Not long ago it would have seemed absurd to propose that the operations of human language could be reduced to Merge, along with language-independent principles of computational efficiency. Work of the past few years has shown that quite intricate properties of language follow directly from such assumptions.

Displacement is a ubiquitous and puzzling property of language. Phrases are heard in one position but interpreted in two, both in their original position and in some other position that is silent, but grammatically possible. The sentence, “Which book will you read?” means roughly, “For which book x, you will read the book x,” with the nominal phrase book heard in one position but interpreted in two. Displacement is never built into artificial symbolic systems for metamathematics, programming, or other purposes. It had long been assumed to be a peculiar and puzzling imperfection of natural language. Merge automatically yields displacement with copies—in this case, two copies of which book. The correct semantic interpretation follows directly. Far from being an imperfection, displacement with copies is a predicted property of the simplest system. Displacement is, in some respects, even simpler than Merge, since it calls on far more limited computational resources.

The same processes provide intricate semantic interpretations for such properties as referential dependence and quantifier-variable interaction. They also have further implications about the nature of language. Consider the sentence “the boys expect to see each other,” where “each other” refers to the boys, thus obeying an obvious locality condition of referential dependency. Consider now the sentence, “Which girls do the boys expect to see each other?” The phrase “each other” does not refer back to the closest antecedent, “the boys,” as such phrases universally do; rather, it refers back to the more remote antecedent, “which girls.” The sentence means “For which girls the boys expected those girls to see each other?” That is what reaches the mind under Merge-based computation with automatic copies, although not what reaches the ear. What reaches the ear violates the locality condition of referential dependency.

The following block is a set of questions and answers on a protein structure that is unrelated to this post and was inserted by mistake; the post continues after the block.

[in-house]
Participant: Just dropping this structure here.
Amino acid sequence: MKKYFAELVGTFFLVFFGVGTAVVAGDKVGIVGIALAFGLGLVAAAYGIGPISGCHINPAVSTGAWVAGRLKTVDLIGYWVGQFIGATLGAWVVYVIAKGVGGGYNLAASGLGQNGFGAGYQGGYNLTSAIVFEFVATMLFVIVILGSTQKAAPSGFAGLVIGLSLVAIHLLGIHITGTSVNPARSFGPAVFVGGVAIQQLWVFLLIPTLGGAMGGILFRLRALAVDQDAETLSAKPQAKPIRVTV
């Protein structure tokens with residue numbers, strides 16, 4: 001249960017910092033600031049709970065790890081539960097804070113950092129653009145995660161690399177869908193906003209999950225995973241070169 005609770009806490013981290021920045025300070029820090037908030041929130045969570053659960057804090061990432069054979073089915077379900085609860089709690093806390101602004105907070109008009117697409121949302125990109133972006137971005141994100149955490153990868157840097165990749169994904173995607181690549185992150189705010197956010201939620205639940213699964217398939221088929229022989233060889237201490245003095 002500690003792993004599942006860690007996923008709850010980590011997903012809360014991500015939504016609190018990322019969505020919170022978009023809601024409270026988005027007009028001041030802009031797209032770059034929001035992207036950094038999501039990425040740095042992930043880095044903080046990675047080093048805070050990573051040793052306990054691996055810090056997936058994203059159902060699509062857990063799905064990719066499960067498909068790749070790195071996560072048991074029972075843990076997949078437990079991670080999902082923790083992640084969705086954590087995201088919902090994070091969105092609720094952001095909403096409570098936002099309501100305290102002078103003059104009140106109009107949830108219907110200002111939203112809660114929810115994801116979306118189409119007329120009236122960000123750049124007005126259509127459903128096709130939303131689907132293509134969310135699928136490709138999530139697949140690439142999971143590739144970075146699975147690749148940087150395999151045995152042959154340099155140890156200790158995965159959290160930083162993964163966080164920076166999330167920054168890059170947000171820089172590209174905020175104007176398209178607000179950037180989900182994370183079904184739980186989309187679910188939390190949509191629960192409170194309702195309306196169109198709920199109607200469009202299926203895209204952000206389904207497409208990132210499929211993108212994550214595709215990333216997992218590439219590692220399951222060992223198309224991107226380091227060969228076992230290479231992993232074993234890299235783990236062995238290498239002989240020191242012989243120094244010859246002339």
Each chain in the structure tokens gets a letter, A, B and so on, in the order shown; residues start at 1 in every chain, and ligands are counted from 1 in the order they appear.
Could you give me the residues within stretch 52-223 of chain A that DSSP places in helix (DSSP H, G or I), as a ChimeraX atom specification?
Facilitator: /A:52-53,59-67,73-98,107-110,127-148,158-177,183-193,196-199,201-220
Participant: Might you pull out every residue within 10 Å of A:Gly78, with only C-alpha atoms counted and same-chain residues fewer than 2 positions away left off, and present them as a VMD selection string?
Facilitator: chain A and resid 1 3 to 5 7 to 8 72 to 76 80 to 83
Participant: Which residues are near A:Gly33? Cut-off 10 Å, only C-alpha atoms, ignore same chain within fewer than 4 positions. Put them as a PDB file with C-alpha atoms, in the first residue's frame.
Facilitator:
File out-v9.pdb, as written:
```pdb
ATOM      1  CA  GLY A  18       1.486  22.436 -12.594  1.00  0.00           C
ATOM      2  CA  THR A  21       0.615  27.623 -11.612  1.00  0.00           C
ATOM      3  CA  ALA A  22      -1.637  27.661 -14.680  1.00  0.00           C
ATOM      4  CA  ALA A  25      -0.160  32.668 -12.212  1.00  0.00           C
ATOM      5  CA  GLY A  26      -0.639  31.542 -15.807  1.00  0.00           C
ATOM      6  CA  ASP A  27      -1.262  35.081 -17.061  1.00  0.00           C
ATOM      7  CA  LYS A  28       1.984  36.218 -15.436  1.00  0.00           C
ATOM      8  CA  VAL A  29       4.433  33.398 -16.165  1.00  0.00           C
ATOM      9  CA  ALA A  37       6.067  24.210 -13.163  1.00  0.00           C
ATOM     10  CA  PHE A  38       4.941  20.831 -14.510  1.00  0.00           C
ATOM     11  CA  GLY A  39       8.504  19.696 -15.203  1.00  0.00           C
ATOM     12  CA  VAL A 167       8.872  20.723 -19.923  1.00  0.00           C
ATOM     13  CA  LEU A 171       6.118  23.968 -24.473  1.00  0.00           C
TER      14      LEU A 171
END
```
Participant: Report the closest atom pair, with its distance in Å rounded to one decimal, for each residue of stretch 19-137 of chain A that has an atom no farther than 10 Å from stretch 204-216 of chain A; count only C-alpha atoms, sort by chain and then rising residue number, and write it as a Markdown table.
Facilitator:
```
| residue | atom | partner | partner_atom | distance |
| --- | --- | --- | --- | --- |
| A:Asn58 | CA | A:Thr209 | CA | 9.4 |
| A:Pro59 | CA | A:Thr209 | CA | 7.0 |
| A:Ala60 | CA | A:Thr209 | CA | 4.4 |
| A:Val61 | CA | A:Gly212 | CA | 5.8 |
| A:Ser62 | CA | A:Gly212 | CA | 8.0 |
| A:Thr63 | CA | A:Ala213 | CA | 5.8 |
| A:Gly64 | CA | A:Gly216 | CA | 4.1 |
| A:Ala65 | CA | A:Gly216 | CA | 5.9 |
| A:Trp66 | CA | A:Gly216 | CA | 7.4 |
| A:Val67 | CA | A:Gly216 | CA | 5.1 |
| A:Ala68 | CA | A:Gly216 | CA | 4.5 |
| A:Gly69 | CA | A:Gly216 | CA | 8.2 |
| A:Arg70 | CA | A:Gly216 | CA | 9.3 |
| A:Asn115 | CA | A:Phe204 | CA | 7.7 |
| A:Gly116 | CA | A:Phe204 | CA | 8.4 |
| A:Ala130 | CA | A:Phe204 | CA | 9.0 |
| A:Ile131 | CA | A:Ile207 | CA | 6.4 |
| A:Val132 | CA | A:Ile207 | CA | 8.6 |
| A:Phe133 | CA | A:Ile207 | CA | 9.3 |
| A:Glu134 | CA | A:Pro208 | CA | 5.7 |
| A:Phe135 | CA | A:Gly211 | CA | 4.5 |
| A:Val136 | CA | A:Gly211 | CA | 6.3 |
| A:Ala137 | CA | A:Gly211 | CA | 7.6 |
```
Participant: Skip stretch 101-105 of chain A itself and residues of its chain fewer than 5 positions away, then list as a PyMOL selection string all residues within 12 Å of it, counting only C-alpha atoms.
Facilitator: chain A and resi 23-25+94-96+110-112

Deletion of the copy in externalization causes processing problems. Such filler-gap problems, as they are called, can become quite severe, and are among the major problems of automatic parsing and perception. In the sentence, for example, “Who do you think ____ left the show early?” the gap marks the place from which the interrogative has been moved, creating a long-distance dependency between the interrogative and the finite verb. If the interrogative copy were not deleted, the problem would be much reduced. Why is it deleted? The principles of efficient computation restrict what is computed to the minimum. At least one copy must appear or there is no evidence that displacement took place at all. In English and languages like English, that copy must be structurally the most prominent one. The result is to leave gaps that must be filled by the hearer. This is a matter that can become quite intricate.

These examples illustrate a significant general phenomenon. Language design appears to maximize computational efficiency, but disregards communicative efficiency. In every known case in which computational and communicative efficiency conflict, communicative efficiency is ignored. These facts run counter to the common belief, often virtual dogma, that communication is the basic function of language. They also further undermine the assumption that human language evolved continuously from animal communication. And they provide further evidence that externalization, which is necessary for communication, is a peripheral aspect of language.